Electronic duoâ€™s are sprouting up everywhere these days. In Canada alone we have Crystal Castles, Woodhands and Thunderheist, to name just three of the best. And thatâ€™s limiting it to groups who have just two members. There is no shortage of great new electronic bands, all of which are pushing the sonic envelope in their own way to create fresh new sounds. Thereâ€™s something for everyone; from the lucid ambience of Pantha du Prince or the sensual smoky dance floor beats of Holy Fuck, to the processed cheese of Berlin Brides. Lots of different sounds, but the one thing all these electronic bands have in common is an ability to create smooth grooves… which is why I find it a chore to listen to this album from Vancouver dance duo Destineak.
Destineakâ€™s Sirens is a jagged collection of uninspired, and frankly unlistenable, tunes. Things start badly with â€śCalling Your Nameâ€ť which combines jarring vocals with equally jarring loops. Next comes â€śJust The Musicâ€ť, which blatantly wants to be a dance-floor anthem but everything about it sounds so harsh and clumsy: there is no fluidity to it, and you can almost visualize the song structure which has been ripped right out of a book titled Templates For Making Dance Radio Pap. â€śJust The Musicâ€ť is audio torture, but for whatever reason Destineak thought it necessary to include this song twice, with the inclusion of a longer, remixed version. Similar crimes are made elsewhere with three other songs also getting repeated with re-mixed versions, adding up to a total of 4 remixes throughout Sirens’ 12 tracks.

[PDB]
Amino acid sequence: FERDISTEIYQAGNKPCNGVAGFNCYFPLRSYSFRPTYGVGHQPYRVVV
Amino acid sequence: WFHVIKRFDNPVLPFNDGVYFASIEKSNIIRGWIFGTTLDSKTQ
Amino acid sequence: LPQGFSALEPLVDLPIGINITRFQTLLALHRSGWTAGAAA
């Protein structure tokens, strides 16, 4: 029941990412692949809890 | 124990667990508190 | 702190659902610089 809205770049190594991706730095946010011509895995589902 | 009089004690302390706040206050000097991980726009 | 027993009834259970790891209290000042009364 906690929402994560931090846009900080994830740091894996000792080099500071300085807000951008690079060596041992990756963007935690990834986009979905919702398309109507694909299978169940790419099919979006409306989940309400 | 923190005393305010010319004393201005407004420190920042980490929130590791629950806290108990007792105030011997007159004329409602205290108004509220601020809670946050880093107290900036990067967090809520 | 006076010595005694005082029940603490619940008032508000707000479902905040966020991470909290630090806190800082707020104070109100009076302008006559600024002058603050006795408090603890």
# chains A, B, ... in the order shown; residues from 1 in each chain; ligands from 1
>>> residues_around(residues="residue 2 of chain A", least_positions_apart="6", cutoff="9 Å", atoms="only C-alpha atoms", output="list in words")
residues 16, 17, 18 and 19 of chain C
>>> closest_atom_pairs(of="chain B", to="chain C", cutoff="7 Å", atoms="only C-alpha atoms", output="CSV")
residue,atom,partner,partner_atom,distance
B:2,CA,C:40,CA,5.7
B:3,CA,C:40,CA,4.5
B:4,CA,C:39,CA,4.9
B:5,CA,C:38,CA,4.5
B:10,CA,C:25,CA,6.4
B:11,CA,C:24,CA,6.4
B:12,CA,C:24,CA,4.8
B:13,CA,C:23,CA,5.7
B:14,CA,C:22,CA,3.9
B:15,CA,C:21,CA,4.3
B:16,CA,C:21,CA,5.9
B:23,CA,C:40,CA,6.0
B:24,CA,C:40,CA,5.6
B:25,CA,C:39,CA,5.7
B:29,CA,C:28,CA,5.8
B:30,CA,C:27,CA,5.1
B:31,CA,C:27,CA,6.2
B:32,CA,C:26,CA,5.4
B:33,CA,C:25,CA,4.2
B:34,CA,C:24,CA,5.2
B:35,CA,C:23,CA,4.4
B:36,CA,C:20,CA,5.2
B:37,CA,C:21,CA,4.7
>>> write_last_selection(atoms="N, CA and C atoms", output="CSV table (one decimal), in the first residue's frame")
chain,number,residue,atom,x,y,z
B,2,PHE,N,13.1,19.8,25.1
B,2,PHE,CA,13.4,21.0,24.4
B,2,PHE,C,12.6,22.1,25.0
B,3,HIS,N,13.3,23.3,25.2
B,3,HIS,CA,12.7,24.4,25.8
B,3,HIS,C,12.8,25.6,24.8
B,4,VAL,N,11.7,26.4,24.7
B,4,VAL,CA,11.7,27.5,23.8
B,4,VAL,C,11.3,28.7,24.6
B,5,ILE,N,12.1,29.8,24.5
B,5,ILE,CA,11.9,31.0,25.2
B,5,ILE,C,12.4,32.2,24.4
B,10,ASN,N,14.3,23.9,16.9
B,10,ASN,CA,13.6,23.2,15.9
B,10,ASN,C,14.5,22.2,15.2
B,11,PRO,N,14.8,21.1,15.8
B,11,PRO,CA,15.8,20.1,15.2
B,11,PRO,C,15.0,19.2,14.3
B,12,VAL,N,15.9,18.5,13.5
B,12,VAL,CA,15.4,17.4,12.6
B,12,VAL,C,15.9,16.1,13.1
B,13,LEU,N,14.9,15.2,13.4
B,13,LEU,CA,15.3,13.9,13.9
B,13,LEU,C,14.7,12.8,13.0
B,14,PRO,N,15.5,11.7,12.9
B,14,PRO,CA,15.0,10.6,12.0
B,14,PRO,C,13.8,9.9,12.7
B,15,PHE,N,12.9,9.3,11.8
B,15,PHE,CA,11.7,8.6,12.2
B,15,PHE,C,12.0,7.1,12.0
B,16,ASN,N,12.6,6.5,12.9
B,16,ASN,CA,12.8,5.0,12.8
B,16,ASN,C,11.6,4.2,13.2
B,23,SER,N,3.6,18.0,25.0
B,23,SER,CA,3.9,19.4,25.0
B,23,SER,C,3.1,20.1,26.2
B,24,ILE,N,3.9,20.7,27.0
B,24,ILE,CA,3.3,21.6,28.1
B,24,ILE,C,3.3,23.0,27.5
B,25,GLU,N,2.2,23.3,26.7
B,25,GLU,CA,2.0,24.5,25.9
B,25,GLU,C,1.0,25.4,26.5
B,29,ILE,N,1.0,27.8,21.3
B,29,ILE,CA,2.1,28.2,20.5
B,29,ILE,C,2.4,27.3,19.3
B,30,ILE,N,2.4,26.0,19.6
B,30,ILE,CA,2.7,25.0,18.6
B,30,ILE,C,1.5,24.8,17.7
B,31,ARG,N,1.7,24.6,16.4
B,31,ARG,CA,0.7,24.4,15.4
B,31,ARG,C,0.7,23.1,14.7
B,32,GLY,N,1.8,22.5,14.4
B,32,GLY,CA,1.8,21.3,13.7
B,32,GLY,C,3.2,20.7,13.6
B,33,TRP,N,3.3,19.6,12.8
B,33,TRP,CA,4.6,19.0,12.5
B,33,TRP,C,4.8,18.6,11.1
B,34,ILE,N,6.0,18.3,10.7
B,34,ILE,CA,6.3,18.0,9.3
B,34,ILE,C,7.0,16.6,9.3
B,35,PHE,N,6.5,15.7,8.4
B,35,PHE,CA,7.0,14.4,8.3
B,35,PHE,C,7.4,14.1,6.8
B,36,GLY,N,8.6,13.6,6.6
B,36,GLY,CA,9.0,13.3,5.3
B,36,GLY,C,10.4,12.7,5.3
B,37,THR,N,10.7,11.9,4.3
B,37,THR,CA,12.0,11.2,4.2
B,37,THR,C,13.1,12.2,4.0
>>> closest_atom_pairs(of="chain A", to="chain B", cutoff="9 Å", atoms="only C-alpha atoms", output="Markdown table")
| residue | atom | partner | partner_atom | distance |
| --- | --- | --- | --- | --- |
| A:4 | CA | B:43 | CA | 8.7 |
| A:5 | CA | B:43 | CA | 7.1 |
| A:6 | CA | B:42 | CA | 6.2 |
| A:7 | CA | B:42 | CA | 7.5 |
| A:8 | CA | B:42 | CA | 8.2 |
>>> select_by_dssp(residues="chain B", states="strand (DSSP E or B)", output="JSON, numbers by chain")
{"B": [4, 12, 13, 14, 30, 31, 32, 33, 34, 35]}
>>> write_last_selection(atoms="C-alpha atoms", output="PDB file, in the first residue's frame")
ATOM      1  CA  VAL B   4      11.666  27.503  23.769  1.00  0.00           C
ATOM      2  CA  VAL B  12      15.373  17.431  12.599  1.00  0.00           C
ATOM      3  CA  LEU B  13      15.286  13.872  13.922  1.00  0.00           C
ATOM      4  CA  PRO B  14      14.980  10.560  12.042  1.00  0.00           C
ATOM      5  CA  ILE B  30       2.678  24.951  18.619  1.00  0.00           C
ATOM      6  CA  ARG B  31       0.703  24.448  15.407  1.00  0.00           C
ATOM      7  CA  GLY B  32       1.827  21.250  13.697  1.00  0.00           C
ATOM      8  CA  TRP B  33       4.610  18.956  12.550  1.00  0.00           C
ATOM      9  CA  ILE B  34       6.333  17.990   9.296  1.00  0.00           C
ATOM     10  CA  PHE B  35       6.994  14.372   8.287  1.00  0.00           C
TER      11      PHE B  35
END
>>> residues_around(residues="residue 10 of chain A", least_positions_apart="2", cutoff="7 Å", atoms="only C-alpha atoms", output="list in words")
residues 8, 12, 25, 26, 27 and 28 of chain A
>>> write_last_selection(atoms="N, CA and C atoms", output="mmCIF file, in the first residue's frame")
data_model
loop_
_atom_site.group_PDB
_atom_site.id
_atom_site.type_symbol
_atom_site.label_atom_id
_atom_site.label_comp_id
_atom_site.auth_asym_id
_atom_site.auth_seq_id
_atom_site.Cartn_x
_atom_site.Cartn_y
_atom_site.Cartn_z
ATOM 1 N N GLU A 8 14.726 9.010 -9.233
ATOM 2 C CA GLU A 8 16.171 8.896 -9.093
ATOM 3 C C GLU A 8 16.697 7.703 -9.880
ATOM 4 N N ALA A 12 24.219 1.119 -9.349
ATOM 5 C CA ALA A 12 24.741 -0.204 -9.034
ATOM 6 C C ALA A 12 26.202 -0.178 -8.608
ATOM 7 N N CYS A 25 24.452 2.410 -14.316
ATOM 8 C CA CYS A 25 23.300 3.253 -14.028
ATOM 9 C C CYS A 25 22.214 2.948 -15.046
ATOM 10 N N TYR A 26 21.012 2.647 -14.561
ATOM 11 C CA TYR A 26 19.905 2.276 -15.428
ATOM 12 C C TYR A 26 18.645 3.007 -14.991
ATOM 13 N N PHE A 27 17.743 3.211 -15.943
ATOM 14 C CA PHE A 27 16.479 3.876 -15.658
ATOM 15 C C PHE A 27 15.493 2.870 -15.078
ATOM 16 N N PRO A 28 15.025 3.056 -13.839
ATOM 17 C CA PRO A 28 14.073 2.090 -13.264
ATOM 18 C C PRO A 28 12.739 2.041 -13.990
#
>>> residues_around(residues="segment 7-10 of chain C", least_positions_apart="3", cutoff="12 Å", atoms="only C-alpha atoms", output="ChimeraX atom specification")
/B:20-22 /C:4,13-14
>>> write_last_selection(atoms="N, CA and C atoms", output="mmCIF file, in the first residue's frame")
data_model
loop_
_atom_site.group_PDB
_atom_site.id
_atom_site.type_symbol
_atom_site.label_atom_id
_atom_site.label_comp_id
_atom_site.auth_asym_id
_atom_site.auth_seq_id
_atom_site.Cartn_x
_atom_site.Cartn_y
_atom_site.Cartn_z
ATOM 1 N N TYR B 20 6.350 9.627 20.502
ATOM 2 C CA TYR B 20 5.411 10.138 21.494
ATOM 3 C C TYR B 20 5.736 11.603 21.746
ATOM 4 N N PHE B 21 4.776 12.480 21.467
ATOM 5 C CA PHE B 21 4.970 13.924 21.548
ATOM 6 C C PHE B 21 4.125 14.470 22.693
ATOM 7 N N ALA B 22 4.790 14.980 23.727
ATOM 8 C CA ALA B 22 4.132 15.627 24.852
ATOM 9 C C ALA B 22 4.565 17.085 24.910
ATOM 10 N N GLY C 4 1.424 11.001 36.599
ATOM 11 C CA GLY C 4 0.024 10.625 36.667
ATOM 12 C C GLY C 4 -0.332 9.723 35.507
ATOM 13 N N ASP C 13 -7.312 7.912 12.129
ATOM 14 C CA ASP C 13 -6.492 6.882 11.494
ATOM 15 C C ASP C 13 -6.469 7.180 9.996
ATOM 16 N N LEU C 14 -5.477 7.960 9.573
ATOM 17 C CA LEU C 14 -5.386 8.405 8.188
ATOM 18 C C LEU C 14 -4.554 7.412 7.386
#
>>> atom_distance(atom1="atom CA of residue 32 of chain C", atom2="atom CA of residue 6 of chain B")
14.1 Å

At a time when there are so many great new electronic artists emerging, Destineak are an electronic atrocity who cut and paste their music together with all the deftness of a toddler in pre-school making macaroni art.Â Actually, thatâ€™s unfair on toddlers but hopefully you get the sloppy, shoddily-stuck-together-with-craft-glue picture. Get your groove on elsewhere: there is so much good new electronic music out there to listen to.
Â© Brian Banks, Editor, Music Vice